Over the past few weeks, in the midst of teaching a pre-summer class on black masculinity in which we have discussed, debated and dreamed about the possibility for fluidity in raced gender performance, I have listened to a black man weep and express his love for his teammates and his appreciation for the sacrifices of his mother (see Kevin Durant’s NBA MVP acceptance speech); watched a black man kiss a man, full lips, on live television in celebration of an unprecedented accomplishment (see Michael Sam draft coverage on ESPN); and relished in the Pepto-Bismol-pink-colored-Cadillac a black man gave to his mother, a breast cancer survivor, to fulfill a childhood promise (see Teddy Bridgewater: A Promise to Rose, a short documentary by Spike Lee) . In addition to being feel-good, rags to riches stories about black male athletes, these stories center the extraordinary escape from difficult circumstances and highlight the generosity, humanity, and possibility of black manhood. These stories resist the stereotypic representations of black masculinity that saturate media and often limit black men, especially in professional (and college) sports as commodities and bodies. In these stories, we see black men as sons and brothers, same-gender loving, promise-keeping, goal-setting men who cry, tell their truths, and love their mamas.
There are three lessons that can be gleaned from these stories and representations of black masculinity (there are, of course others, but you would have to take my class to get them, lol).
1) Black men can (only) talk about loving other men within the context of sport, brotherhood and heterosexuality, without (social and cultural) punishment.
While I enjoyed and appreciated the vulnerability and honesty with which Durant expressed himself in his acceptance speech, I couldn’t help but think about the politics of representation and how Michael Sam, a black man who is attracted to men, could never give the same speech without critique and discomfort. As a heterosexual man, Durant has the flexibility of expressing himself and his love, appreciation and affection for other men (within limited contexts) without contempt. And while the students in my class conceded that patriarchy is detrimental to us all, they realized that racism makes men of color peculiarly susceptible to mischaracterization and emasculation, so there is more to prove, and much at stake. We need an intervention.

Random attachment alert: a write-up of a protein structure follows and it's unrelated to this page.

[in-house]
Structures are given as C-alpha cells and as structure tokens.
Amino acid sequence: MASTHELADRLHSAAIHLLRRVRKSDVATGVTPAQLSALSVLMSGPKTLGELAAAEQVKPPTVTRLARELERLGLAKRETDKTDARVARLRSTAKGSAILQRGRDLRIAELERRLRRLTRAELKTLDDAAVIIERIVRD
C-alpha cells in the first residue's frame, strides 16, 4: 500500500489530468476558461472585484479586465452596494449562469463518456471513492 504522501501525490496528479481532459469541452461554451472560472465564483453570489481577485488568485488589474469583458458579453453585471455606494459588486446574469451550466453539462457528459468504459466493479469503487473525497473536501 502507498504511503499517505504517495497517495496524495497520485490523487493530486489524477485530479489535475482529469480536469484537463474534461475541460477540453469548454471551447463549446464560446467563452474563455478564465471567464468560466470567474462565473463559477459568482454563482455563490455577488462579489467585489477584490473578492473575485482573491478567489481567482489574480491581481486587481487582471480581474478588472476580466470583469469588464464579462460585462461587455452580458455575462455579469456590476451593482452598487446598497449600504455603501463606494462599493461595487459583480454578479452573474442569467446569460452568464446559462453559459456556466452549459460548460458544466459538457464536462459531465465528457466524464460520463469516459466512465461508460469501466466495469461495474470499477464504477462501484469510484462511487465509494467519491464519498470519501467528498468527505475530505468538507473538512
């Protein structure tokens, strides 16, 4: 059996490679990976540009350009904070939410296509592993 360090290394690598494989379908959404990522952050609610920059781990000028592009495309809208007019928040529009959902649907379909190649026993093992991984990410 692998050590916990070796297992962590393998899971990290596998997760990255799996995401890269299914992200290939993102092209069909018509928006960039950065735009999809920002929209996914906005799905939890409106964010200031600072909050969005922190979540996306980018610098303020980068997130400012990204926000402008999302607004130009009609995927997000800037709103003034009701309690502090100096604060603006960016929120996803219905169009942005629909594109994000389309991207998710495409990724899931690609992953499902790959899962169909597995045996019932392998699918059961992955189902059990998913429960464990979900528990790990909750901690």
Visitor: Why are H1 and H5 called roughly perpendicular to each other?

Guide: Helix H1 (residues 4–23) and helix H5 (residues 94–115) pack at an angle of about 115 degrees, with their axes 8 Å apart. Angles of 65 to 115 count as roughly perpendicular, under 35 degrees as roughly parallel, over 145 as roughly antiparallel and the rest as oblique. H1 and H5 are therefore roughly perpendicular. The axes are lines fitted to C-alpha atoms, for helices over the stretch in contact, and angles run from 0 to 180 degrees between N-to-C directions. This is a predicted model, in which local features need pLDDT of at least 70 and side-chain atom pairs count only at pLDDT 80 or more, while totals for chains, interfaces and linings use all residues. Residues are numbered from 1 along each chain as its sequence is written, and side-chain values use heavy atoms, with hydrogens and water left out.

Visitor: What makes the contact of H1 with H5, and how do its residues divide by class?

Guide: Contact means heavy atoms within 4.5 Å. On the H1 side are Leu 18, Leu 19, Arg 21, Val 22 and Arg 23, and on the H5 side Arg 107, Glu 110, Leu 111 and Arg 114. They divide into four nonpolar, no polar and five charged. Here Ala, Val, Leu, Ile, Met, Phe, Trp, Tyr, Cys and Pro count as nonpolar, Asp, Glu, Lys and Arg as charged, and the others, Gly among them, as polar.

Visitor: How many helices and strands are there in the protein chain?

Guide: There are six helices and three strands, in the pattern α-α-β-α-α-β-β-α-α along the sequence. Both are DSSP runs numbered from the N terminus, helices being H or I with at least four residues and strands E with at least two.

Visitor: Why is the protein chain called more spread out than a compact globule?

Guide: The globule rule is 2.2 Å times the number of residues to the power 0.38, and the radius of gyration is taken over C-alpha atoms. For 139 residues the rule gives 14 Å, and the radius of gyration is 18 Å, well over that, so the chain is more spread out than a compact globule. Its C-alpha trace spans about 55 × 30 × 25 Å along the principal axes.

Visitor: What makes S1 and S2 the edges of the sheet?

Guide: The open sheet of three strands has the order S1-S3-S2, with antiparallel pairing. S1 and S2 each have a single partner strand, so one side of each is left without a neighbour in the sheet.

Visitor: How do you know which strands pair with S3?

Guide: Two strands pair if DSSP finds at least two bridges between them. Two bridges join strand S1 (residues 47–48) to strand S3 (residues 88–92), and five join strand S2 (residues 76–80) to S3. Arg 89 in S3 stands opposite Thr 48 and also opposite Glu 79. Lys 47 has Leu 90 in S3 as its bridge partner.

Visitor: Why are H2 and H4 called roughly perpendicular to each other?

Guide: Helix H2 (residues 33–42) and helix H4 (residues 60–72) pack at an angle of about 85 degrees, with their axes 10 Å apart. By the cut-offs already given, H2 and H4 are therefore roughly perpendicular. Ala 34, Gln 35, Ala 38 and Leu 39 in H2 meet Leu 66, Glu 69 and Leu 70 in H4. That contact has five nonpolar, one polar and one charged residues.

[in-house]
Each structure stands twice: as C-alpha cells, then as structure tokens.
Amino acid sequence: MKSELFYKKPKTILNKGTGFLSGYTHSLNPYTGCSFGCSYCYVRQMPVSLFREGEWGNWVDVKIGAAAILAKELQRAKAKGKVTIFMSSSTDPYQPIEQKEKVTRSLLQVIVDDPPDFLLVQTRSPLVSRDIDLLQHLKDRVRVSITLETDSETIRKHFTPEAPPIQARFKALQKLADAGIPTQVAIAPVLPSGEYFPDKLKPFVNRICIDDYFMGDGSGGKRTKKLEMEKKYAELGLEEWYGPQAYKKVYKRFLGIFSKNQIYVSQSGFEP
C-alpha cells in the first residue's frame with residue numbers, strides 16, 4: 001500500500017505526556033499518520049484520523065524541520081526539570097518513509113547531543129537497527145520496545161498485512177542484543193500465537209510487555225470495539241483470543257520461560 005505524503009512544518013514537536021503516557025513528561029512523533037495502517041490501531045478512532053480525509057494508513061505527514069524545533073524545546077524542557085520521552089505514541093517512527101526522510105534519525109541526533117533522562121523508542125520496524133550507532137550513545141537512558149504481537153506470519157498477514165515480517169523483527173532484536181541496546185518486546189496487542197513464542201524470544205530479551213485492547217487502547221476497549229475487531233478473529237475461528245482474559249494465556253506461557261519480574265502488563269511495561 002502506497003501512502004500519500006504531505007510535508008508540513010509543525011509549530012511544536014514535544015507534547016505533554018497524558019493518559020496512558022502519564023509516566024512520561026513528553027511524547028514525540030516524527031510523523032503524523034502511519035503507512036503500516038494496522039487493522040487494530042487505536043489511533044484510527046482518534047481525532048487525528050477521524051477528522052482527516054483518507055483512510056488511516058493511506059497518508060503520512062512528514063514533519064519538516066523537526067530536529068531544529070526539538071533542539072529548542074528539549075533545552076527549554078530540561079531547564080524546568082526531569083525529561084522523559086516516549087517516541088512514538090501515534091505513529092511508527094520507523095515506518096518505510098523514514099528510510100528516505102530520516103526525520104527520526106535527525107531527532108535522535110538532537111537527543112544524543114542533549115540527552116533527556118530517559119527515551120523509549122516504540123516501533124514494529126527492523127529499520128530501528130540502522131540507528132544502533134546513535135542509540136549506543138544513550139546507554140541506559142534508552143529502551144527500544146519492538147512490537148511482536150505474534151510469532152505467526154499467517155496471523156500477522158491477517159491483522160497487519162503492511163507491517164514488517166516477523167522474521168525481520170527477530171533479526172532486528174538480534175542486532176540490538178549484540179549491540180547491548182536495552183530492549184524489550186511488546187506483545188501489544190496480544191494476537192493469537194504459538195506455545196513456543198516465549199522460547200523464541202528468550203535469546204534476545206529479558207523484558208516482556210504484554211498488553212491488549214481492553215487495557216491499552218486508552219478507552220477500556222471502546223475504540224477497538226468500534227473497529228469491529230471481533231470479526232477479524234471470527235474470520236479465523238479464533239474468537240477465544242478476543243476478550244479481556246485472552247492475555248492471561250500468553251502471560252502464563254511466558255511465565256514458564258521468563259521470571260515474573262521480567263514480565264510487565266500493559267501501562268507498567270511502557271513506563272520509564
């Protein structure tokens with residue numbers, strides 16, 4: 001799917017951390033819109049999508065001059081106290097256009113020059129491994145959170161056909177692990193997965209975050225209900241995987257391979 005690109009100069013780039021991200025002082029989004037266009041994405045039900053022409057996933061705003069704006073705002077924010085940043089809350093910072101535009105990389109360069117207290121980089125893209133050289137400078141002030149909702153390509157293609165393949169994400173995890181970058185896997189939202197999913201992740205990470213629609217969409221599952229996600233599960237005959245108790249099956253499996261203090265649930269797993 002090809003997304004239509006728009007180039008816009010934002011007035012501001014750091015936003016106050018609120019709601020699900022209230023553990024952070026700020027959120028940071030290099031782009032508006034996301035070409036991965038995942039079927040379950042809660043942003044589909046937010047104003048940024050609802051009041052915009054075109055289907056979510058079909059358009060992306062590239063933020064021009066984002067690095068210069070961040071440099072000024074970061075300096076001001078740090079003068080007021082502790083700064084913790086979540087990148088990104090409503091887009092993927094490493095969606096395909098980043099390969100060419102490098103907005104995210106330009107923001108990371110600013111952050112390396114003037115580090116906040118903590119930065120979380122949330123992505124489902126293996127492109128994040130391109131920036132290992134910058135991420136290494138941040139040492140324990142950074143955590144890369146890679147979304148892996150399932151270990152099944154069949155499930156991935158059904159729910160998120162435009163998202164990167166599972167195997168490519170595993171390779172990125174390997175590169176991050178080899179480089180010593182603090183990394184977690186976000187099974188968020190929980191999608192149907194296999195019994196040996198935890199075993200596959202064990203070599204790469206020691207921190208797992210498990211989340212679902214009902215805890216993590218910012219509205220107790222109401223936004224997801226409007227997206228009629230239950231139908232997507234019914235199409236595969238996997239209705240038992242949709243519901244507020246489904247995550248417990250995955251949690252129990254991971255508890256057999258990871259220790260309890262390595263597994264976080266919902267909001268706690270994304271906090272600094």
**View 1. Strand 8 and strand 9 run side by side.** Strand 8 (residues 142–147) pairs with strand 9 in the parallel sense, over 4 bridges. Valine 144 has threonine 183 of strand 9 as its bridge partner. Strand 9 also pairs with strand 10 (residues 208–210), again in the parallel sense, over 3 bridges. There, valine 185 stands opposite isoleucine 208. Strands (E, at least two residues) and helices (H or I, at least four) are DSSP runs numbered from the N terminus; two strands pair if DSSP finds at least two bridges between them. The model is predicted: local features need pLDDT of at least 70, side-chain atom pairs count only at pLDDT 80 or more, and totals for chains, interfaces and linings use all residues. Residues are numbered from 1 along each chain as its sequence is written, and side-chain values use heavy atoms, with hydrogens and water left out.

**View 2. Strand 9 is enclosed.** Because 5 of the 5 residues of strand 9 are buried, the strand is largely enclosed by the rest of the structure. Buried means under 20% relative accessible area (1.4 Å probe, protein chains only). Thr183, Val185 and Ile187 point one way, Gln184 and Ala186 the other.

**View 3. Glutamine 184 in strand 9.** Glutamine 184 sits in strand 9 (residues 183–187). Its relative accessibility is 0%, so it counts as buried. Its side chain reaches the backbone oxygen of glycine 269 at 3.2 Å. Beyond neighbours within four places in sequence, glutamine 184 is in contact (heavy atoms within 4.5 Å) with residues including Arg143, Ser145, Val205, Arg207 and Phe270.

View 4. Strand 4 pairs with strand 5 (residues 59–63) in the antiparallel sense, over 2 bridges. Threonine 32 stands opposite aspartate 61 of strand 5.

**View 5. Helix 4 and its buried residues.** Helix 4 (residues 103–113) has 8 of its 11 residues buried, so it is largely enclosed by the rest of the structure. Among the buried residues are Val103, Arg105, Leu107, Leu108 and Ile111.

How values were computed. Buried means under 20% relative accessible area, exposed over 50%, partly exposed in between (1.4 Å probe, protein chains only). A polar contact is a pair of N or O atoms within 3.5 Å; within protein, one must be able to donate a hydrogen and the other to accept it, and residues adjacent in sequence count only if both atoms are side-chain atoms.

2) Black men who identify as gay must uniquely negotiate their performances of masculinity because of homophobia.
Football is one of the most aggressive and hyper-masculine sports one can play, and while it has always been true that nonheterosexual men are fans and players of the sport, there are stereotypical assumptions that it is a “straight man’s sport,” a “manly man’s sport.” Michael Sam’s outness is brilliant in that it outs the ignorance around homophobia and stereotypes by proving that all gay men are not feminine, and that sexual orientation does not limit or dictate one’s physical ability or talent.
I find the brevity of discussion around the hyper-homophobia in black communities interesting and troubling, especially when it is within that framework that Michael Sam is being viewed. His bravery and willingness to sacrifice money (being drafted earlier would have translated to a larger salary) to avoid sacrificing himself is commendable and with an already troubled relationship with his family there should be more discussion about what it means to be an out gay black man. There are unique circumstances and risks, which is why the DL continues to be “a thing.” We need an intervention.